I wish the iTunes Store rented TV episodes, like it did for about a year, from 2010 to 2011. A buck an episode; make them cheap and easy to watch, and people will flock to the iTunes Store. When Apple tried this, they priced the rentals at $2 – $3, which is too expensive for something you watch just once.

Source: Study: Netflix is a major reason people don’t watch network TV | Ars Technica

Do I need to upgrade to Ultra HD Blu-ray?

With both a lack of players and a lack of disks, there’s no real reason to jump into the 4KBD fray just yet. However, Ultra HD Blu-ray will, for the most part, look better than streaming and Blu-ray. How much better they look is going to depend on the original movie’s picture quality and medium, and how well it was transferred (or remastered) to 4KBD. This was true of Blu-ray and DVD as well.

Will there be 4KBDs that look no better than regular BD? Probably. Will there be some that look no better than streaming? Doubtful.

Interesting discussion of whether 4K Blu-Rays will be any better than current media quality. Executive summary: a lot of 4K Blu-Rays will be upsampled from lower resolutions.

This is quite a messy technological change. I will quote something from one of the comments that highlights how complex all this is:

One fact that was left out but important is the evolution of HDMI to v2.0a and HDCP v2.2. This is the new requirement for native UHD 4K sources and its not forward compatible with older versions of HDMI, meaning you cannot plug a new UHD 4K Blu-ray player into your AVR or PrePro unless the player offers dual HDMI outputs, one for the new video resolution and one that still meets v1.3 or v1.4 HDMI spec. Be sure you have the new HDMI v2.0a, its the only one with HDR, Dolby Atmos, and true native 4K pass through.

Your average TV viewer won’t understand any of what is in that paragraph above. TVs have become more complex than computers, and this is a Very Bad Thing for the TV industry, and for all of us who own TVs. The number of technologies that need to be compatible is much more complex than those needed to transfer files from Windows to a Mac. (Remember how hard that used to be?) 3D TV is pretty much a failure, probably, in part, because it’s too complicated (and the stupid glasses). I can’t see these new technologies hitting critical mass for quite some time, as long as it’s so complex to make sure that all your hardware (especially if you have a home theater system or AV amplifier) is compatible. And, of course, one of the main reasons for all these complications is DRM…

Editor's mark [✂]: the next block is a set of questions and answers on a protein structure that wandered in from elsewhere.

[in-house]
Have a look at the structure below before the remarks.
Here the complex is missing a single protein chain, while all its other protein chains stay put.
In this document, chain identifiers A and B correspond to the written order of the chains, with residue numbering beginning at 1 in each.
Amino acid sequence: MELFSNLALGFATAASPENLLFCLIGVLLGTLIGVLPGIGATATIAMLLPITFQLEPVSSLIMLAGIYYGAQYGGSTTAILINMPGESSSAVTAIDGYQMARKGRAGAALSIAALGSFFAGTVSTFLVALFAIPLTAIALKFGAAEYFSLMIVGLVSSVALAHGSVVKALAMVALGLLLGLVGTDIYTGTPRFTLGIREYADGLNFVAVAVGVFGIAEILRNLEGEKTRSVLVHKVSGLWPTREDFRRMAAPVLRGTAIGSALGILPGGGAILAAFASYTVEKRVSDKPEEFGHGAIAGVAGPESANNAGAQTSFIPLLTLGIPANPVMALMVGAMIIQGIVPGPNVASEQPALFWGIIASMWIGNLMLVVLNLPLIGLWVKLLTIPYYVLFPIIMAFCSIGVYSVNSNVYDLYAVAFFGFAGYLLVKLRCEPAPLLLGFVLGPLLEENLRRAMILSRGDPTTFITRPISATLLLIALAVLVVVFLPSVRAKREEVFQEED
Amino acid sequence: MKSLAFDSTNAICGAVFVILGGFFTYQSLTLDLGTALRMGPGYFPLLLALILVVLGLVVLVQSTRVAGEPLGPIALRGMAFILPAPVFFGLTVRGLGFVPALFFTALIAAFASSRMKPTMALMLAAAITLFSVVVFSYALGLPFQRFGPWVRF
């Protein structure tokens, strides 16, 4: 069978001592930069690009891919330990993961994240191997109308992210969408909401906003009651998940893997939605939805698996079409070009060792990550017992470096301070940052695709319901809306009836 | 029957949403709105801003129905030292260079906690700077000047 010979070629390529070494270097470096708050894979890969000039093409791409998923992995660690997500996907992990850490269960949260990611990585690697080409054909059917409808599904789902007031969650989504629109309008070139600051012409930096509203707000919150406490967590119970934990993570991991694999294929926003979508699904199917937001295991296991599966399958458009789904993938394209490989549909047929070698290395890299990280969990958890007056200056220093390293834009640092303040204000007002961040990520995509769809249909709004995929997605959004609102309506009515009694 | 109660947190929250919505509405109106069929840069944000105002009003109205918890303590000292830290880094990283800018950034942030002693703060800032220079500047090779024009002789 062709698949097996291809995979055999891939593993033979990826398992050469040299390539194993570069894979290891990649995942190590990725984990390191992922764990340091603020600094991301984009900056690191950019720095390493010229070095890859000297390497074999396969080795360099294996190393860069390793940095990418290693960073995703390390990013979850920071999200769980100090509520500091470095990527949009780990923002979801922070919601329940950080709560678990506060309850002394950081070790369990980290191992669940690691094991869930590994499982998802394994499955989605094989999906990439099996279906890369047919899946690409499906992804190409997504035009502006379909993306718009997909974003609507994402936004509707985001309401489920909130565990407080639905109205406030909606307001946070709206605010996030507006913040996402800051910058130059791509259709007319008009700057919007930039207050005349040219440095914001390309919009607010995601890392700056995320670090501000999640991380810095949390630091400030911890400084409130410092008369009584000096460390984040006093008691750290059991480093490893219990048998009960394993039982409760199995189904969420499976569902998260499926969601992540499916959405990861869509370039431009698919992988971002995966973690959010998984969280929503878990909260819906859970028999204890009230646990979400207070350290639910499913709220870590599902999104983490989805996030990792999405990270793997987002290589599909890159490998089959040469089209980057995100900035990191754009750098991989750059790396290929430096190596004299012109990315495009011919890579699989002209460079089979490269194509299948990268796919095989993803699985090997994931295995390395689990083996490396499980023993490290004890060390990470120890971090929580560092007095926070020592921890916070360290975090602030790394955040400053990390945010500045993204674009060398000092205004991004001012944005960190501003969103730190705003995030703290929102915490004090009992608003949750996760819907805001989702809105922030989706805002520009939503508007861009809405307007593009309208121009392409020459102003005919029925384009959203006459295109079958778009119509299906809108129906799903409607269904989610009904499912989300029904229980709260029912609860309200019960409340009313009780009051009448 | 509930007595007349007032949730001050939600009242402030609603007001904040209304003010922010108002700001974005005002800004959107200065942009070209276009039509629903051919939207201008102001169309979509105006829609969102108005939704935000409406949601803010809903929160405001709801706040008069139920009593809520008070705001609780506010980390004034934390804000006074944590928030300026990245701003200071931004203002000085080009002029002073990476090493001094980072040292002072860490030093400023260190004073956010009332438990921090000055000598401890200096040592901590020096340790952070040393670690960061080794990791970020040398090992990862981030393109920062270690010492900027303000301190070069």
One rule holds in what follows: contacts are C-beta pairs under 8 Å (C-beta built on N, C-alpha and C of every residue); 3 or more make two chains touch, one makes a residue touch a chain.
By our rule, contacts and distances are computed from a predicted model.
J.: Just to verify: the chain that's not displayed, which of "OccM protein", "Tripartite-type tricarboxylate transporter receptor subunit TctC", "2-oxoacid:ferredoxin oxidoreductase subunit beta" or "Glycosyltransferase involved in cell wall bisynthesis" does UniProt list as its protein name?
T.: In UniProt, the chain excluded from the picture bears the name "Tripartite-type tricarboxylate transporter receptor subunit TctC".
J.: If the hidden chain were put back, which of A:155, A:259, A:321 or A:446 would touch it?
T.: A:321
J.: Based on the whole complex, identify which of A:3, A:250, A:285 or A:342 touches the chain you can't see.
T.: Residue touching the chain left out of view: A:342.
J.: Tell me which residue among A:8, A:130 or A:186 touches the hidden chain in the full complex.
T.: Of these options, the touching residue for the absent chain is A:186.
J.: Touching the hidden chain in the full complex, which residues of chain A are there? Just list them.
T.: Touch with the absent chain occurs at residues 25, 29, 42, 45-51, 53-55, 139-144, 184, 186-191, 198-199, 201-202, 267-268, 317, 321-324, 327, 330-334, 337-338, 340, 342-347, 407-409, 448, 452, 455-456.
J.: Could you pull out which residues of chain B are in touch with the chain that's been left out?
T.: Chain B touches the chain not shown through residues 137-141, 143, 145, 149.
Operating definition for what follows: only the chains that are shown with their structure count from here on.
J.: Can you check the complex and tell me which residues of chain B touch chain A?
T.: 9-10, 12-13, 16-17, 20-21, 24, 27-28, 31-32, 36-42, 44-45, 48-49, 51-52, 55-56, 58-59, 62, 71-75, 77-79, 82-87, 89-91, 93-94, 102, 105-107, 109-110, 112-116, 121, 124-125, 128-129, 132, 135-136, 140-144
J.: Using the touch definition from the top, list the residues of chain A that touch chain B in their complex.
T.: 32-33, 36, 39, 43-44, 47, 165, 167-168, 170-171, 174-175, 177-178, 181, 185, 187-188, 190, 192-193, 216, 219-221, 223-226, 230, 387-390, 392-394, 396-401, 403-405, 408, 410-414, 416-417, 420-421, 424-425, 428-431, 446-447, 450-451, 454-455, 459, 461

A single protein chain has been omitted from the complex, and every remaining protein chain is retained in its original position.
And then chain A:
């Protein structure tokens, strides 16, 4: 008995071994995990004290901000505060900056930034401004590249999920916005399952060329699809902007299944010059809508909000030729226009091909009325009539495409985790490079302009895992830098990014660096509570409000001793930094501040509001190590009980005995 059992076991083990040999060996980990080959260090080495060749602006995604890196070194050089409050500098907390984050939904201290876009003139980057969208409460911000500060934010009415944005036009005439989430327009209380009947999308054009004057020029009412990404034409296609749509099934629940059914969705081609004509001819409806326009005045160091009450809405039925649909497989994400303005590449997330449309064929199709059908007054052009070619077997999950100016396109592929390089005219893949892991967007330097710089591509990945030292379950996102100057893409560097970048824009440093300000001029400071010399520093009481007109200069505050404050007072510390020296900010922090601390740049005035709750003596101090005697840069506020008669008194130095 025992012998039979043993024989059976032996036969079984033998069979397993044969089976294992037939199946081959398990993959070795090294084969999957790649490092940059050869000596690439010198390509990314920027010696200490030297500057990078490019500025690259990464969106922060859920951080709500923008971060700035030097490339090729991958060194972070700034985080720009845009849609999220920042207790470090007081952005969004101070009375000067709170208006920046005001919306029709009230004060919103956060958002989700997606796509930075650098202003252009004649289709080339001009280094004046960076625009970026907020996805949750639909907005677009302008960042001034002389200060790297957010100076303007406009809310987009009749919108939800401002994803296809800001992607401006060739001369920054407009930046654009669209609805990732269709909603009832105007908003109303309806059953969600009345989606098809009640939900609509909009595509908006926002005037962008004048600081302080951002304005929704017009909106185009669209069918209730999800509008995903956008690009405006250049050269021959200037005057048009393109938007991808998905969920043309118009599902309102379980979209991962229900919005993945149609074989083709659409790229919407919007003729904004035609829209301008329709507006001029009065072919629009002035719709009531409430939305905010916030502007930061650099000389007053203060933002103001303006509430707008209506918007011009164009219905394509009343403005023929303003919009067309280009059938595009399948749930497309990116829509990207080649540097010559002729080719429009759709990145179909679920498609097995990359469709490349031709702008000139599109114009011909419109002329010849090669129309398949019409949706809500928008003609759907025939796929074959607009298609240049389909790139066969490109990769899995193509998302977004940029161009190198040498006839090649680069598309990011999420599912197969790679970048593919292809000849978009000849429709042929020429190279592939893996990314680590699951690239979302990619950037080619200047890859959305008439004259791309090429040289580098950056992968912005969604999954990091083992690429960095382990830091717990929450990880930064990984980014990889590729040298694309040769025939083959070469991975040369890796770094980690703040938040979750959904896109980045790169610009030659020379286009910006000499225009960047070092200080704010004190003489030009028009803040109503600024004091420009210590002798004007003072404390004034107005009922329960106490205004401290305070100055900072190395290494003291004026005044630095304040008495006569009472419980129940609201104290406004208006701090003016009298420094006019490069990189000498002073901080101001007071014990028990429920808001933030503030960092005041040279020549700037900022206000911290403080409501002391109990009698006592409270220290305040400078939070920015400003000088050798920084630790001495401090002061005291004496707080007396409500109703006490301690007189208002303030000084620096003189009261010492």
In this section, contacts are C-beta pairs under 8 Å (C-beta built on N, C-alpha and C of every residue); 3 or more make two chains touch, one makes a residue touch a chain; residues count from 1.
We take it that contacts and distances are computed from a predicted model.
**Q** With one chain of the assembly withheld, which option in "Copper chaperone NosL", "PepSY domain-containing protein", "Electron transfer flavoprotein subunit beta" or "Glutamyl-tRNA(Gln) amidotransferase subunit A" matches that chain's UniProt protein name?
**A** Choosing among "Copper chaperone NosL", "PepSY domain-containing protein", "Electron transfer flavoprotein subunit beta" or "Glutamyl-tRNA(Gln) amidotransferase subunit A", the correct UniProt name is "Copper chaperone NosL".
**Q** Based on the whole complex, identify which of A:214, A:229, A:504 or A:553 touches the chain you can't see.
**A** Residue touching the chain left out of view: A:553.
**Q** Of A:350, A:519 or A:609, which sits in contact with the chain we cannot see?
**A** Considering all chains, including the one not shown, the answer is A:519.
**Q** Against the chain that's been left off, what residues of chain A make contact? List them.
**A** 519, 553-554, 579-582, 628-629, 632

(Via Do I need to upgrade to Ultra HD Blu-ray?.)

Dr. Dre Filming Apple’s First Scripted Television Series

Apple is making its first original television show. The Hollywood Reporter has learned that the technology giant is backing a top-secret scripted series starring one of its own executives, Beats co-founder and rap legend Dr. Dre.


…it is described as a dark drama with no shortage of violence and sex. In fact, an episode filming Monday and Tuesday this week featured an extended orgy scene.

Dunno, but something about this makes me wonder WTF is going on in the minds of people over at Apple. With all that Apple does to hone its image, making their first self-produced TV series something like this just doesn’t fit. Apparently this Mr Dre has a lot of sway over in Cupertino…

(Via Hollywood Reporter.)

Amazon Will Ban Sale of Apple, Google Video-Streaming Devices – Bloomberg Business Inc. is flexing its e-commerce muscles to gain an edge on competitors in the video-streaming market by ending the sale of devices from Google Inc. and Apple Inc.

The Seattle-based Web retailer sent an e-mail to its marketplace sellers that it will stop selling Apple TV and Google’s Chromecast. No new listings for the products will be allowed and posting of existing inventory will be removed Oct. 29, Amazon said. Amazon’s streaming video service, called Prime Video, doesn’t run easily on rival’s devices.

Hmm… While this sounds like an abuse of dominant position on Amazon’s part, I would really like to see a Prime Video app on the Apple TV.